Figure 2 shows the temperature dependence of the spin-lattice relaxation rate (T1−1; see Materials and Methods) of the EtMe3Sb salt, which reflects the magnitude of the fluctuations of the internal magnetic field on the 13C nuclei on a megahertz time scale. In the Mott-insulating state at ambient pressure, T1−1 shows a large drop below 1 K. This drop appears to suggest a marginal spin-gapped ground state, as discussed by the works of Itou and co-workers (21, 23), whereas there are also reports claiming the existence of fully gapless fermion-like excitations (20, 22, 24). For pressures below 5 kbar, the temperature dependence of T1−1 is almost the same, indicating that the nature of the Mott-insulating phase is maintained in this pressure region. However, at higher pressures, T1−1 is depressed and comes to follow the Korringa relation, namely, T1−1 decreases in proportion to the temperature. This behavior indicates that the Mott boundary is situated at approximately 6 kbar, consistent with the resistivity result shown in Fig. 1B.

Fig. 2 Temperature dependence of the 13C nuclear spin-lattice relaxation rate (T1−1) of EtMe3Sb[Pd(dmit)2]2 under several pressures, reflecting the amplitude of the fluctuations of the internal magnetic field on a megahertz time scale.

The dashed line shows a fit of the data at 15 kbar to the Korringa relation T1−1T.

Figure 3A shows the temperature dependence of the spin-spin relaxation rate (T2−1; see Materials and Methods) of X[Pd(dmit)2]2. The spin-spin relaxation rate T2−1 is generally expressed as the sum of two different components—the Lorentzian relaxation rate T2l−1 and the Gaussian relaxation rate T2g−1 (T2−1 = T2l−1 + T2g−1)—which measure the electron fluctuations on a kilohertz time scale and nuclear-nuclear magnetic coupling, respectively. In X[Pd(dmit)2]2 systems, T2g−1 is determined by the nuclear dipolar interaction and is, thus, invariant with respect to temperature. A constant value of 640 s−1 is observed in the EtMe3P salt, the conventional Mott insulator. In contrast, the EtMe3Sb salt shows appreciable enhancement relative to this value. This enhancement indicates the significant contribution of T2l−1, which can be estimated by subtracting T2g−1 (=640 s−1) from the observed value of T2−1, and is shown on the right axis of Fig. 3A (for details, see the Supplementary Materials). Note that, although the cation has the rotational motion of the methyl groups (23), this lattice motion does not contribute to the relaxations (for details, see the Supplementary Materials).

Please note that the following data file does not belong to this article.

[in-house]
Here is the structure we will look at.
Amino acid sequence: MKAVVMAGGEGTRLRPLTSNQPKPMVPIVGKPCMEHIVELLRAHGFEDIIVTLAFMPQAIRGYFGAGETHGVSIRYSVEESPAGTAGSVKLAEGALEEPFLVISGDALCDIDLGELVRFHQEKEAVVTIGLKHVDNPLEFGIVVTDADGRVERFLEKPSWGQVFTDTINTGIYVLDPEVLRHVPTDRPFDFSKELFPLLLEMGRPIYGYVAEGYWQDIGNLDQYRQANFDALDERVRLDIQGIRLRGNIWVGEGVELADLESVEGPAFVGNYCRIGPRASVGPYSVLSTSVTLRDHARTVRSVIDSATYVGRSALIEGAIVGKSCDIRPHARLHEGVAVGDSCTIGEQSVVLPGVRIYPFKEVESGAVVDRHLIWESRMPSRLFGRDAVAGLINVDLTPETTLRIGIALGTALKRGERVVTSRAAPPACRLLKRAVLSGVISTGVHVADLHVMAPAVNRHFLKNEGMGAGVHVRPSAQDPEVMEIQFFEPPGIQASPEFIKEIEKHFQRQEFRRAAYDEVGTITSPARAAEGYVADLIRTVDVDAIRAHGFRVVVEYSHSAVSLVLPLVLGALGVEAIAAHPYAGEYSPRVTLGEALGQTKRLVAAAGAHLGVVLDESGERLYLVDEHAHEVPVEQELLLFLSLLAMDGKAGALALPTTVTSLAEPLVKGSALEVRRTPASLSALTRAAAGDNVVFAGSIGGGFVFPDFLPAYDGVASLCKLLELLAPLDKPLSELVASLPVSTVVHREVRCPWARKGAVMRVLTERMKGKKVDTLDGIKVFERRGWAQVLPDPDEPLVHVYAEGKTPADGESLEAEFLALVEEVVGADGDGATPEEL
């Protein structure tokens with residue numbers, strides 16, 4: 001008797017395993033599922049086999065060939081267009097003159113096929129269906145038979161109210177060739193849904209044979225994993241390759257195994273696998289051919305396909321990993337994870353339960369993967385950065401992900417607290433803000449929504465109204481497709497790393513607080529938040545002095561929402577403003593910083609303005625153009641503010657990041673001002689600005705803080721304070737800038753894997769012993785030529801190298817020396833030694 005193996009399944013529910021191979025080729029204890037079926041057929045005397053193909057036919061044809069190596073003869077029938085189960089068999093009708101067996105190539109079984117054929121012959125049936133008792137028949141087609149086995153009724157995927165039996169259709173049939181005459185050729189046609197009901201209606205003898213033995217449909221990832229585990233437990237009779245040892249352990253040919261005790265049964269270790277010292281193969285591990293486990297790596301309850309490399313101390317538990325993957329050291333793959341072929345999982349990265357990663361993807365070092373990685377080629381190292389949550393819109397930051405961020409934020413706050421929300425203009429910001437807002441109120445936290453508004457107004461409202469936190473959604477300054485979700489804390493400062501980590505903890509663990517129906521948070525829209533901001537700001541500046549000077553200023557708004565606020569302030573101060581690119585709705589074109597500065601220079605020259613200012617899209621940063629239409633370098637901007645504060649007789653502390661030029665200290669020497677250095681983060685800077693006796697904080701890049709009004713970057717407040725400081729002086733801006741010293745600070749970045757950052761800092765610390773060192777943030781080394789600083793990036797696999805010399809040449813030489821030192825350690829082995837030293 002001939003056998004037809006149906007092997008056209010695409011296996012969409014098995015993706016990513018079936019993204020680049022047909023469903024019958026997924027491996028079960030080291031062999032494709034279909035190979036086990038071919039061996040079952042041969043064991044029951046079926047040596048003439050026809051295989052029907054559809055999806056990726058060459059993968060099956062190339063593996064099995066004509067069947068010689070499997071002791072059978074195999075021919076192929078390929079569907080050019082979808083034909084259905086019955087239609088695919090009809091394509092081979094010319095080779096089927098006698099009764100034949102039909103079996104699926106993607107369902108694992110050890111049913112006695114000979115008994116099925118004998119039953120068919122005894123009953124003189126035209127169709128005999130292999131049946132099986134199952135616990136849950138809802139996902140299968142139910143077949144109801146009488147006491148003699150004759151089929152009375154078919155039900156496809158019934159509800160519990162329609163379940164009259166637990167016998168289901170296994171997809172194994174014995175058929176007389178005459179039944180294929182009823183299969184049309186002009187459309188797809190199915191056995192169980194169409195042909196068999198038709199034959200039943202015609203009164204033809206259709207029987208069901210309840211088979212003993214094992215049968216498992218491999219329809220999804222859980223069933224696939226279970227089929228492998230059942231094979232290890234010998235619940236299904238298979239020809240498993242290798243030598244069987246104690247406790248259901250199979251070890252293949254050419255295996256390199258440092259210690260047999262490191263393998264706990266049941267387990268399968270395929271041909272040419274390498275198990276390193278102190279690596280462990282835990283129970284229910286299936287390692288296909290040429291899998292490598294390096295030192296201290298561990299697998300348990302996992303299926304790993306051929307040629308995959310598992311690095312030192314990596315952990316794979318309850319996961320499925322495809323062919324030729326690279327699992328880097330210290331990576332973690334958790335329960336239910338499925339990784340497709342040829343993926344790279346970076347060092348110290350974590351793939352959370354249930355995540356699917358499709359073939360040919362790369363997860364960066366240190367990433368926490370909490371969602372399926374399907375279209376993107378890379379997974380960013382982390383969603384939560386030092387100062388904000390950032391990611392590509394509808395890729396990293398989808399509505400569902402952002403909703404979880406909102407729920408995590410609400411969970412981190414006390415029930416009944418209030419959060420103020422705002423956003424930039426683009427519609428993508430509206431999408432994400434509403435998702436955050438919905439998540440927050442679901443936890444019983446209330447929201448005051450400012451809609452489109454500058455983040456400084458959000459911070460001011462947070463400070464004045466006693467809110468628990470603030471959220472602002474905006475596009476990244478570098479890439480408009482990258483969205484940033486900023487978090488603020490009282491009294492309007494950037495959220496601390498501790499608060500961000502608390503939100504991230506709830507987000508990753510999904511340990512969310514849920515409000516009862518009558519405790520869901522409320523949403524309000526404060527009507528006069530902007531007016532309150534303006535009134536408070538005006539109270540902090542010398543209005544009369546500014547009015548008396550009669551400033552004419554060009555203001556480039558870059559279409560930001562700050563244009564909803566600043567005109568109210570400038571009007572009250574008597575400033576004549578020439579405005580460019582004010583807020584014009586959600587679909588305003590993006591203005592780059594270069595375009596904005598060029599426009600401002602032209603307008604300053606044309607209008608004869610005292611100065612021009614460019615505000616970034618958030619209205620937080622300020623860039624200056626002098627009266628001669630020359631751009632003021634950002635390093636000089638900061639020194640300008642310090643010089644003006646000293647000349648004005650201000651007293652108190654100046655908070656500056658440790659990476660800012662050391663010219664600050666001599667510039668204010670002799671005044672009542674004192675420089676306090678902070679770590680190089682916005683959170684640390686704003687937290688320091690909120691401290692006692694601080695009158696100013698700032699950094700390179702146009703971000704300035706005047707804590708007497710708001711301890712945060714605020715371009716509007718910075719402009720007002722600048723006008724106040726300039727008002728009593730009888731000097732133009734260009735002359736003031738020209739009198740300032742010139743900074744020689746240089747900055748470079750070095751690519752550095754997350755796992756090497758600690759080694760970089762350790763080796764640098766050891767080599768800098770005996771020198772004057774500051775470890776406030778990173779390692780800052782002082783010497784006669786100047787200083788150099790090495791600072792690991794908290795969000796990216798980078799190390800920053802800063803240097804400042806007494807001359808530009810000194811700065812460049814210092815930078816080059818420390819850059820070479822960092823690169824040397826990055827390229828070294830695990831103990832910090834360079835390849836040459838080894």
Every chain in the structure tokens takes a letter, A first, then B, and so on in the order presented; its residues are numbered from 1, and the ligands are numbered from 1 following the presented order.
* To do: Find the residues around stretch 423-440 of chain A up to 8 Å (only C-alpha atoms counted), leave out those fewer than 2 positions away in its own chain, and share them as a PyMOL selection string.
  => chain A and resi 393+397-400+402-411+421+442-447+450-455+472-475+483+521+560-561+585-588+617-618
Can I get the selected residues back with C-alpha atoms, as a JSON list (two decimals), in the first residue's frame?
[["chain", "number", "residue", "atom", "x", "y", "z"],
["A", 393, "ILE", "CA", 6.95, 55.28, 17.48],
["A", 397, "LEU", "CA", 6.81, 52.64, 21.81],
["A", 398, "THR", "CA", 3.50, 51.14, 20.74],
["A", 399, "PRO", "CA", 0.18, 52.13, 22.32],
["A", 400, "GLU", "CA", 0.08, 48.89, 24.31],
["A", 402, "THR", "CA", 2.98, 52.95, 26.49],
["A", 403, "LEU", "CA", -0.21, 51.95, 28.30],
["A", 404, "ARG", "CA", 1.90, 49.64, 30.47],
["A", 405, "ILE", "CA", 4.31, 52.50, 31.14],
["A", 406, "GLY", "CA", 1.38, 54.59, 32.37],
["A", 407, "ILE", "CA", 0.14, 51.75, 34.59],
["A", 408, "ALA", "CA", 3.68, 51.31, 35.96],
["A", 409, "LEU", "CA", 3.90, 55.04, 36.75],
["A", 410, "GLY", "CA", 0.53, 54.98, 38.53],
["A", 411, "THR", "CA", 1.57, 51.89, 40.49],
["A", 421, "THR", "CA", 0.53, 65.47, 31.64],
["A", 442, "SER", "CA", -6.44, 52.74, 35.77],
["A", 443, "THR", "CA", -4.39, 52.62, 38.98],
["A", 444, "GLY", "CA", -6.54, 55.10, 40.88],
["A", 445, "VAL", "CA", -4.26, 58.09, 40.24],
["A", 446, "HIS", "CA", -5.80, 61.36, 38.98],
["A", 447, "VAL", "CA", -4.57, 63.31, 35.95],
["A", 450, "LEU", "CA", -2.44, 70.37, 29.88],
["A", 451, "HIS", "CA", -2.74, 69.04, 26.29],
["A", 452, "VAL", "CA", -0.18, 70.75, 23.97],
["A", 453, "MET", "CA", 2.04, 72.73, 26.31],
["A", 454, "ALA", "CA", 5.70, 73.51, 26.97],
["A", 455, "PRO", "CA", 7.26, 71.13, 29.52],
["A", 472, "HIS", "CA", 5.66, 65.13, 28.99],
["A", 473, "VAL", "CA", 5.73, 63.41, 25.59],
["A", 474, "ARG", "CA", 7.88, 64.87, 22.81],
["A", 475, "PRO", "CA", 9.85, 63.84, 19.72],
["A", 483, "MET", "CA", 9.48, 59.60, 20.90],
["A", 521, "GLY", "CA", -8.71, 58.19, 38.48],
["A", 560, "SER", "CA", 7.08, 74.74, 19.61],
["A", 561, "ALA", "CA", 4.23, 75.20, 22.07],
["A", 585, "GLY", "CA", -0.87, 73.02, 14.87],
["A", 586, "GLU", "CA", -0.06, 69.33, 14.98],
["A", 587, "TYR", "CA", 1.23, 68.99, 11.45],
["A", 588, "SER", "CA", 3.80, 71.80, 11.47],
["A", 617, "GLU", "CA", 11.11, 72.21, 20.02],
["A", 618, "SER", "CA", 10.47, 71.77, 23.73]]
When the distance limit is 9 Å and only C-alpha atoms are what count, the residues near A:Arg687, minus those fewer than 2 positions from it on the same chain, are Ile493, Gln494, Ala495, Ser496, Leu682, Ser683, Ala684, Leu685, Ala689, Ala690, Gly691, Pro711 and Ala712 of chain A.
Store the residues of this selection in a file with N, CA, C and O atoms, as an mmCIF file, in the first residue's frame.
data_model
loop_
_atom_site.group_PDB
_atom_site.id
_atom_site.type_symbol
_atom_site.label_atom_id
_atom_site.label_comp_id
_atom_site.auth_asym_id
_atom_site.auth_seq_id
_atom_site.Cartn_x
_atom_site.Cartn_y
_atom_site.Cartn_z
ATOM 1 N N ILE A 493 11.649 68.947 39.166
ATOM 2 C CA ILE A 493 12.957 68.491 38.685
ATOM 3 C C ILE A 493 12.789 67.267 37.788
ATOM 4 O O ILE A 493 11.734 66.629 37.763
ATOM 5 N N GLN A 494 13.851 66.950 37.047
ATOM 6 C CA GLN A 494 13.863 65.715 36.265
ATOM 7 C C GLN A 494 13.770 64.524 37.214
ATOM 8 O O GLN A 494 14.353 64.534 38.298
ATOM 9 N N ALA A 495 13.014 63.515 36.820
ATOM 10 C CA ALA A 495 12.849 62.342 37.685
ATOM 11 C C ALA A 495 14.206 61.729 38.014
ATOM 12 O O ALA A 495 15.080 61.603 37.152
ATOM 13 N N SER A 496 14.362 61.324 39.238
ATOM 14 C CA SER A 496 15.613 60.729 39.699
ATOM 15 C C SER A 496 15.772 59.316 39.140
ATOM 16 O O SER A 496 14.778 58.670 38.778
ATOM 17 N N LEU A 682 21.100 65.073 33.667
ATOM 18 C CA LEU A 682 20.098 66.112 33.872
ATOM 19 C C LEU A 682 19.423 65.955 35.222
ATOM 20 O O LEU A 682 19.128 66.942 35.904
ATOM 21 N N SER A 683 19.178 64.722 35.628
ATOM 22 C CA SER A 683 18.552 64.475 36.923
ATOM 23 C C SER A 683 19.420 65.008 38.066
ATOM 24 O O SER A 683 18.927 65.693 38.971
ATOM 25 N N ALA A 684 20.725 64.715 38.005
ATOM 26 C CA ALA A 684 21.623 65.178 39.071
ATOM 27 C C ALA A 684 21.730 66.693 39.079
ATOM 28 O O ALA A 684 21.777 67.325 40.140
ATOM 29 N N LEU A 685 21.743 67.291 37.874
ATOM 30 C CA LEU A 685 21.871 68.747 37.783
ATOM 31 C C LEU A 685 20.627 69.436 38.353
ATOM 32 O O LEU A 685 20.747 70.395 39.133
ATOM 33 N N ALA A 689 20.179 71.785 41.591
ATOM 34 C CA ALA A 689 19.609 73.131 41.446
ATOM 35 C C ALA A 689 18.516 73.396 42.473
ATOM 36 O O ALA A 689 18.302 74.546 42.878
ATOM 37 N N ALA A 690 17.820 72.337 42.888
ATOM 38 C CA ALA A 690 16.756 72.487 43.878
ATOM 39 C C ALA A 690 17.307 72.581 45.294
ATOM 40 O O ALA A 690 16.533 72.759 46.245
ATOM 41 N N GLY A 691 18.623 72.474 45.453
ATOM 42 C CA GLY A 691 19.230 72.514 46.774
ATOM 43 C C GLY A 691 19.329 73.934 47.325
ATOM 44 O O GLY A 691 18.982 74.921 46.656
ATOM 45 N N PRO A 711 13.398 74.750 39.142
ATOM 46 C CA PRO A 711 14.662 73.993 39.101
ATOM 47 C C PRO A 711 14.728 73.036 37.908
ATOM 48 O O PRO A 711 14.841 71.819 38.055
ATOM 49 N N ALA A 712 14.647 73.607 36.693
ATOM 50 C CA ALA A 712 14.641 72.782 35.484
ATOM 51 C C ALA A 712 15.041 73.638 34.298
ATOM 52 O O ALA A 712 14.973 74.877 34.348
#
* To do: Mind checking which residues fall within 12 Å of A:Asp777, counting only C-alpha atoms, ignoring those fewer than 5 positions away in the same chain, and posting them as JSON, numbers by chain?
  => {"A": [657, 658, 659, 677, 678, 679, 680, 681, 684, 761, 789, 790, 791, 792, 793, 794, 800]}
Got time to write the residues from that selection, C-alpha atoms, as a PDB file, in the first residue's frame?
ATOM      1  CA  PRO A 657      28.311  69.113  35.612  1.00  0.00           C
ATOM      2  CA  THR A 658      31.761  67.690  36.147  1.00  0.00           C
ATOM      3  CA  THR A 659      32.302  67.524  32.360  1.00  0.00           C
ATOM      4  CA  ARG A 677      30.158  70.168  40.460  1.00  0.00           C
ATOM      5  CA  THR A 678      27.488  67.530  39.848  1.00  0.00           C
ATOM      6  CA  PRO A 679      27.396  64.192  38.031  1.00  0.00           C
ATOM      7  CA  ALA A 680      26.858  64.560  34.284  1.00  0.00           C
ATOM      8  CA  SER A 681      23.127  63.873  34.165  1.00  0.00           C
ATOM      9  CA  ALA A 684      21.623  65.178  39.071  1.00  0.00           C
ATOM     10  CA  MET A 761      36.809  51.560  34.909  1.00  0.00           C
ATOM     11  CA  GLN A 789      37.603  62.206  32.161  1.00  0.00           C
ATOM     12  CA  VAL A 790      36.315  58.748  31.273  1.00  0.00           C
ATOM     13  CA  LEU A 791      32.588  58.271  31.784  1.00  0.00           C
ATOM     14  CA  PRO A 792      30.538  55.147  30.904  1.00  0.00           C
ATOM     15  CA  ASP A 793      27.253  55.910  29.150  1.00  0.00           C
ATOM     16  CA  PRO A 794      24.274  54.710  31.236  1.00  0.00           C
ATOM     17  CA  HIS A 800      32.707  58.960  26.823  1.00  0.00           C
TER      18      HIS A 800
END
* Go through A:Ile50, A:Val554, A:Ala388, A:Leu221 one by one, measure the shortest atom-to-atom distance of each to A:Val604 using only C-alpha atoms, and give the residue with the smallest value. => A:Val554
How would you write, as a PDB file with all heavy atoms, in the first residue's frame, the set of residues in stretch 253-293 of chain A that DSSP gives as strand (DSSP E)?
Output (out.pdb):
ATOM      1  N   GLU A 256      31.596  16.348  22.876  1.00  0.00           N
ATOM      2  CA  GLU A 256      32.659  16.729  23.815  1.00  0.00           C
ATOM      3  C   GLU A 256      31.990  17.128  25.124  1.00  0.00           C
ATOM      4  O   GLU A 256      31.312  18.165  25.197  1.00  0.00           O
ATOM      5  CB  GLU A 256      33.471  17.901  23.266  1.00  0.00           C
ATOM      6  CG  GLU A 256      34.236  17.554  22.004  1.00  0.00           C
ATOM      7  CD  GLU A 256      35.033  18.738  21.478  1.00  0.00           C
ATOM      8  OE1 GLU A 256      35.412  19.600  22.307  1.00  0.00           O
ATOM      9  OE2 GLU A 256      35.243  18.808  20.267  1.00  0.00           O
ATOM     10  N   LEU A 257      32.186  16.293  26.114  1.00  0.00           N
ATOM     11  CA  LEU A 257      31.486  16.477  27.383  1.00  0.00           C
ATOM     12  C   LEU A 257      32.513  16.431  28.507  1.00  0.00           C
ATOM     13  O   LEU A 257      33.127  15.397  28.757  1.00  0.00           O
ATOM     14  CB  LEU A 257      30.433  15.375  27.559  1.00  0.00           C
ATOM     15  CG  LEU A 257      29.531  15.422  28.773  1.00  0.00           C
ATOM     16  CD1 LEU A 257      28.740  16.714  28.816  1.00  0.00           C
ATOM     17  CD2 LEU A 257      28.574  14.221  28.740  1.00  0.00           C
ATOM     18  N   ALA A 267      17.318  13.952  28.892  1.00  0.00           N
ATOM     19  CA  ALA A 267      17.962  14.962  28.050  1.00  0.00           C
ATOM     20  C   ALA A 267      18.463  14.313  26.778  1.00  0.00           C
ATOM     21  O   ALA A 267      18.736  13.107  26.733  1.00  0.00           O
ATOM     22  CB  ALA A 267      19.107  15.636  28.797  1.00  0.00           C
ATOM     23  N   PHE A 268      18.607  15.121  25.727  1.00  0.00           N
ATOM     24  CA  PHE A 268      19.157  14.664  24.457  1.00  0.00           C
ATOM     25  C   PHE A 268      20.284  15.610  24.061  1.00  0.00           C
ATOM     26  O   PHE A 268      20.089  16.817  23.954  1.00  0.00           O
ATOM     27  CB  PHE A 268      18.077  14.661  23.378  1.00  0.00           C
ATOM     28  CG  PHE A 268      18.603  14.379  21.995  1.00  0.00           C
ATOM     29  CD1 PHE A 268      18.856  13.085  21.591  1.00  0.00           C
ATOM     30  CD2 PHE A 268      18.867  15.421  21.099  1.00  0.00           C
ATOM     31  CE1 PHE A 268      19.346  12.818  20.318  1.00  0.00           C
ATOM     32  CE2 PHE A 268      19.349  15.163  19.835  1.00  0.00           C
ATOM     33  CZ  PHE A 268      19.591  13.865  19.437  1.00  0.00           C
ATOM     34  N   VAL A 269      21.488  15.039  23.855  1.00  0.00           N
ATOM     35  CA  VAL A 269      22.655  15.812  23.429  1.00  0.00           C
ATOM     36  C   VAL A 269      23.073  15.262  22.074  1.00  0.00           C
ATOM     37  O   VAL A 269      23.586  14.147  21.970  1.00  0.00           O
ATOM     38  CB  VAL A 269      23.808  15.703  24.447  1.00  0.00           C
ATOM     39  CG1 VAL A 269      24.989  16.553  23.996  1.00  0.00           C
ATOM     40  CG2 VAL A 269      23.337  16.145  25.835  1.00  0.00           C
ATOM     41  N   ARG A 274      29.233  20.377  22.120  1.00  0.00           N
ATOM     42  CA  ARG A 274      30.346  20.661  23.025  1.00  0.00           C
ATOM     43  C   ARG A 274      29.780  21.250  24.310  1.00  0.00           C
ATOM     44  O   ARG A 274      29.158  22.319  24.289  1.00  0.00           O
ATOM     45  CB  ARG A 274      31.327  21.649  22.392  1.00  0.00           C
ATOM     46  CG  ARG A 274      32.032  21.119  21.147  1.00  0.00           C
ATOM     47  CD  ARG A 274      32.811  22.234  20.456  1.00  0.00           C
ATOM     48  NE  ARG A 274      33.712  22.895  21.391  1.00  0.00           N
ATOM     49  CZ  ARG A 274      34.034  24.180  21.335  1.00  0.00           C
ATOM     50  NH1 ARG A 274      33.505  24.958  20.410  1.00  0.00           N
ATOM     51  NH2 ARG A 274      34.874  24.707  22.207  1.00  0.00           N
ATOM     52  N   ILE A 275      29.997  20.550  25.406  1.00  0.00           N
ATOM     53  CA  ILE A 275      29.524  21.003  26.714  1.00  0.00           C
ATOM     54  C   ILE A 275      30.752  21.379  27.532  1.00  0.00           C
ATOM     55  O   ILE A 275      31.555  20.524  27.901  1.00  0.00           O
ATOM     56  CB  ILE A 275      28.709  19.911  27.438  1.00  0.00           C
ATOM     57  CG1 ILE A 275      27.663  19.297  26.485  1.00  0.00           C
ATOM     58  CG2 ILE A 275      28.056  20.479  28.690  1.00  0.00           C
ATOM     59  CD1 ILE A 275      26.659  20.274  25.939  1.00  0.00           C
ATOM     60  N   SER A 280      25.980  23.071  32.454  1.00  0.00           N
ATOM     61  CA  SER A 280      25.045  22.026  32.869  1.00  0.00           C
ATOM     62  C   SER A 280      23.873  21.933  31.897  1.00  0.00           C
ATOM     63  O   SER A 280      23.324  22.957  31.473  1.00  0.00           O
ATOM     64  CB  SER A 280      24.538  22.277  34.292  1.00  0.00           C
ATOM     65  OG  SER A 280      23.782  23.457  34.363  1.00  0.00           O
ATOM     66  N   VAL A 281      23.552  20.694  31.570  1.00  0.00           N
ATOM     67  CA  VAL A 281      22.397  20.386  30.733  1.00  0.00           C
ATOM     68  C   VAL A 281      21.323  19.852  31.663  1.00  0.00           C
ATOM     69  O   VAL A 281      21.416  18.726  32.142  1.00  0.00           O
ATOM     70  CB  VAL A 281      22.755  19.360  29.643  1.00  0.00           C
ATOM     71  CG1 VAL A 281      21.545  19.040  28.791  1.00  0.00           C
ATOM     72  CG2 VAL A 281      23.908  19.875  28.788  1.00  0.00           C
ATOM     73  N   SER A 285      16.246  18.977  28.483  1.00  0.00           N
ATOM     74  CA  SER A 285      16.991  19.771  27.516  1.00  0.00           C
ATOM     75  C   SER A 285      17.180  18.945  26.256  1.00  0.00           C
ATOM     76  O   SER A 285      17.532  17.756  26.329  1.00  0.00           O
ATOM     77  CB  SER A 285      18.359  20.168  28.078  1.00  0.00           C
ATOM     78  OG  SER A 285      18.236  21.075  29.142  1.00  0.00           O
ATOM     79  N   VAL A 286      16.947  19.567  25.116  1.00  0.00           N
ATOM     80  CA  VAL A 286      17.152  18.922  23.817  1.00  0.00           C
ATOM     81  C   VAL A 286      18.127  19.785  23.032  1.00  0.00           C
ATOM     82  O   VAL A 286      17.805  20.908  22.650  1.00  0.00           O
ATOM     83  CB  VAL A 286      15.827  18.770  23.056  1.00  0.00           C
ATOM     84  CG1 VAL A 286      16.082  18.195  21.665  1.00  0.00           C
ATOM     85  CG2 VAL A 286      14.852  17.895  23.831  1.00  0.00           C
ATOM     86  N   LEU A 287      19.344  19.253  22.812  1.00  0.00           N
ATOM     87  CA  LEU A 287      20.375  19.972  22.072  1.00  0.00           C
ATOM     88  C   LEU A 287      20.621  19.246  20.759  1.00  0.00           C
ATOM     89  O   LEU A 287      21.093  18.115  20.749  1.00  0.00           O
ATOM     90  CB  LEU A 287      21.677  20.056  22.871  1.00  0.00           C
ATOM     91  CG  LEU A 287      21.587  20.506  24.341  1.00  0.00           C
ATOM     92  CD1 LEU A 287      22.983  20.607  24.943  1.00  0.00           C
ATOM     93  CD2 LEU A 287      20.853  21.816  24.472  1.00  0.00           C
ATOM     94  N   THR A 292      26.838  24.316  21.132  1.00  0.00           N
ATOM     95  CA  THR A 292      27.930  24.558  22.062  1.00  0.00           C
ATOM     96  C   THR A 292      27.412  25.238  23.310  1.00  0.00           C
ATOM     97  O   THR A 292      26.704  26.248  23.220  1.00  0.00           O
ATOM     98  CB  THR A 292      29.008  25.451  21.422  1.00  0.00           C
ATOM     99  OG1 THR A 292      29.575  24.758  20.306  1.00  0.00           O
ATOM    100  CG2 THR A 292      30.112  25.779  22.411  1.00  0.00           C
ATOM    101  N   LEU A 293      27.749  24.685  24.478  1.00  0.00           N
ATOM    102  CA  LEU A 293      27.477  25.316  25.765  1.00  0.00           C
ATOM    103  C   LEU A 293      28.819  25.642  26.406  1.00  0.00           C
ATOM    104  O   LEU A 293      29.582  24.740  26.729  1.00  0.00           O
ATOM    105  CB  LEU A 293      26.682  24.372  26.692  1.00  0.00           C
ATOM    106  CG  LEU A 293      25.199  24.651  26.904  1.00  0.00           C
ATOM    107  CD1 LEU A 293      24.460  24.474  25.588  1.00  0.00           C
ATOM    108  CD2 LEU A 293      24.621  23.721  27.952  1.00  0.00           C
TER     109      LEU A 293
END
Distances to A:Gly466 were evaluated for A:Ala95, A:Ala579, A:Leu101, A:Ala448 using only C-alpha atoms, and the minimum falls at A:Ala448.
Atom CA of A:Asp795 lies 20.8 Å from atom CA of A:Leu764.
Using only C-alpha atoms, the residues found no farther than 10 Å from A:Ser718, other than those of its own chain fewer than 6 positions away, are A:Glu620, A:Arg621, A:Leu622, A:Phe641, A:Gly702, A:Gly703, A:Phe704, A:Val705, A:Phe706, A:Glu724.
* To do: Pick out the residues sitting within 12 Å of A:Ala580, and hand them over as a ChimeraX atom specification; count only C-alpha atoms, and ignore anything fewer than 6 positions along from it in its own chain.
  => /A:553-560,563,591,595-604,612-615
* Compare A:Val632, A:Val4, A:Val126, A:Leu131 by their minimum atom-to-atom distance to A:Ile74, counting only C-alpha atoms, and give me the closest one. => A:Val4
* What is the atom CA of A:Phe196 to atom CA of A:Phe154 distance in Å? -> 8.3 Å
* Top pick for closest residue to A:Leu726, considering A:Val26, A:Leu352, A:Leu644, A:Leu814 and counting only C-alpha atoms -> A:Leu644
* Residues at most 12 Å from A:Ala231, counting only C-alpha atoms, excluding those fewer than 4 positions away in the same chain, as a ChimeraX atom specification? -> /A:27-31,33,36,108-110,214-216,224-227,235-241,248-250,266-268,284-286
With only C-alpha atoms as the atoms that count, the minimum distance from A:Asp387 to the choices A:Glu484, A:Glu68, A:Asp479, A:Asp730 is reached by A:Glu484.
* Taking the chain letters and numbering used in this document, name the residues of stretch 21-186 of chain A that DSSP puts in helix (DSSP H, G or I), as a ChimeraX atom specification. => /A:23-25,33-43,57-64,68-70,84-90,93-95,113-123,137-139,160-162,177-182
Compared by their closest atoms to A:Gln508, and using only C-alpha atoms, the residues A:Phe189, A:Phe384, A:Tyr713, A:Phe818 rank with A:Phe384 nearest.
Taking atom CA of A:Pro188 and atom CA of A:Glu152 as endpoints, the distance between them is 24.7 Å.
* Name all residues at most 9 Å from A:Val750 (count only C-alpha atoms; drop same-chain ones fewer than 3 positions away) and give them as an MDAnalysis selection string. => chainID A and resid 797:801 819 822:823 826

Fig. 3 Profiles of the 13C nuclear spin-spin relaxation rate (T2−1) of EtMe3Sb[Pd(dmit)2]2 under several pressures.

(A) Temperature dependence of T2−1 of EtMe3Sb[Pd(dmit)2]2 under several pressures. For comparison, data for EtMe3P[Pd(dmit)2]2 at ambient pressure are also plotted as open black circles. The left axis shows the observed raw value of the whole spin-spin relaxation rate. The value of T2l−1 (the right axis) is estimated by subtracting 640 s−1 from T2−1 (see Materials and Methods and the Supplementary Materials). (B) The two components of T2l−1 of EtMe3Sb[Pd(dmit)2]2. The amplitude of the blue component shows a peak at 10 to 30 K. The amplitude of the blue component at low temperatures (where both components exist) is estimated by extrapolating the trend at higher temperatures. The amplitude of the red component is enhanced at low temperatures. This enhancement is particularly prominent at 7 kbar, which is near the Mott boundary.

In typical electron systems, no significant difference in the intensity of the fluctuations between the kilohertz and megahertz regions should exist, namely, T2l−1 = T1−1, because the electron fluctuations are dominated by the Hamiltonian of the system and, thus, generally white well below the energy scales of the transfer integrals, exchange interactions, and Coulomb repulsions, all of which reside in the terahertz region. In contrast to this common understanding, in the EtMe3Sb salt, T2l−1 increases to ~103 s−1 at low temperatures, which is several orders of magnitude greater than T1−1, as seen in Figs. 2 and 3A. This difference signifies the emergence of an unusual electronic phase that has extraordinarily slow fluctuations, where the kilohertz fluctuations are several orders of magnitude stronger than the megahertz ones.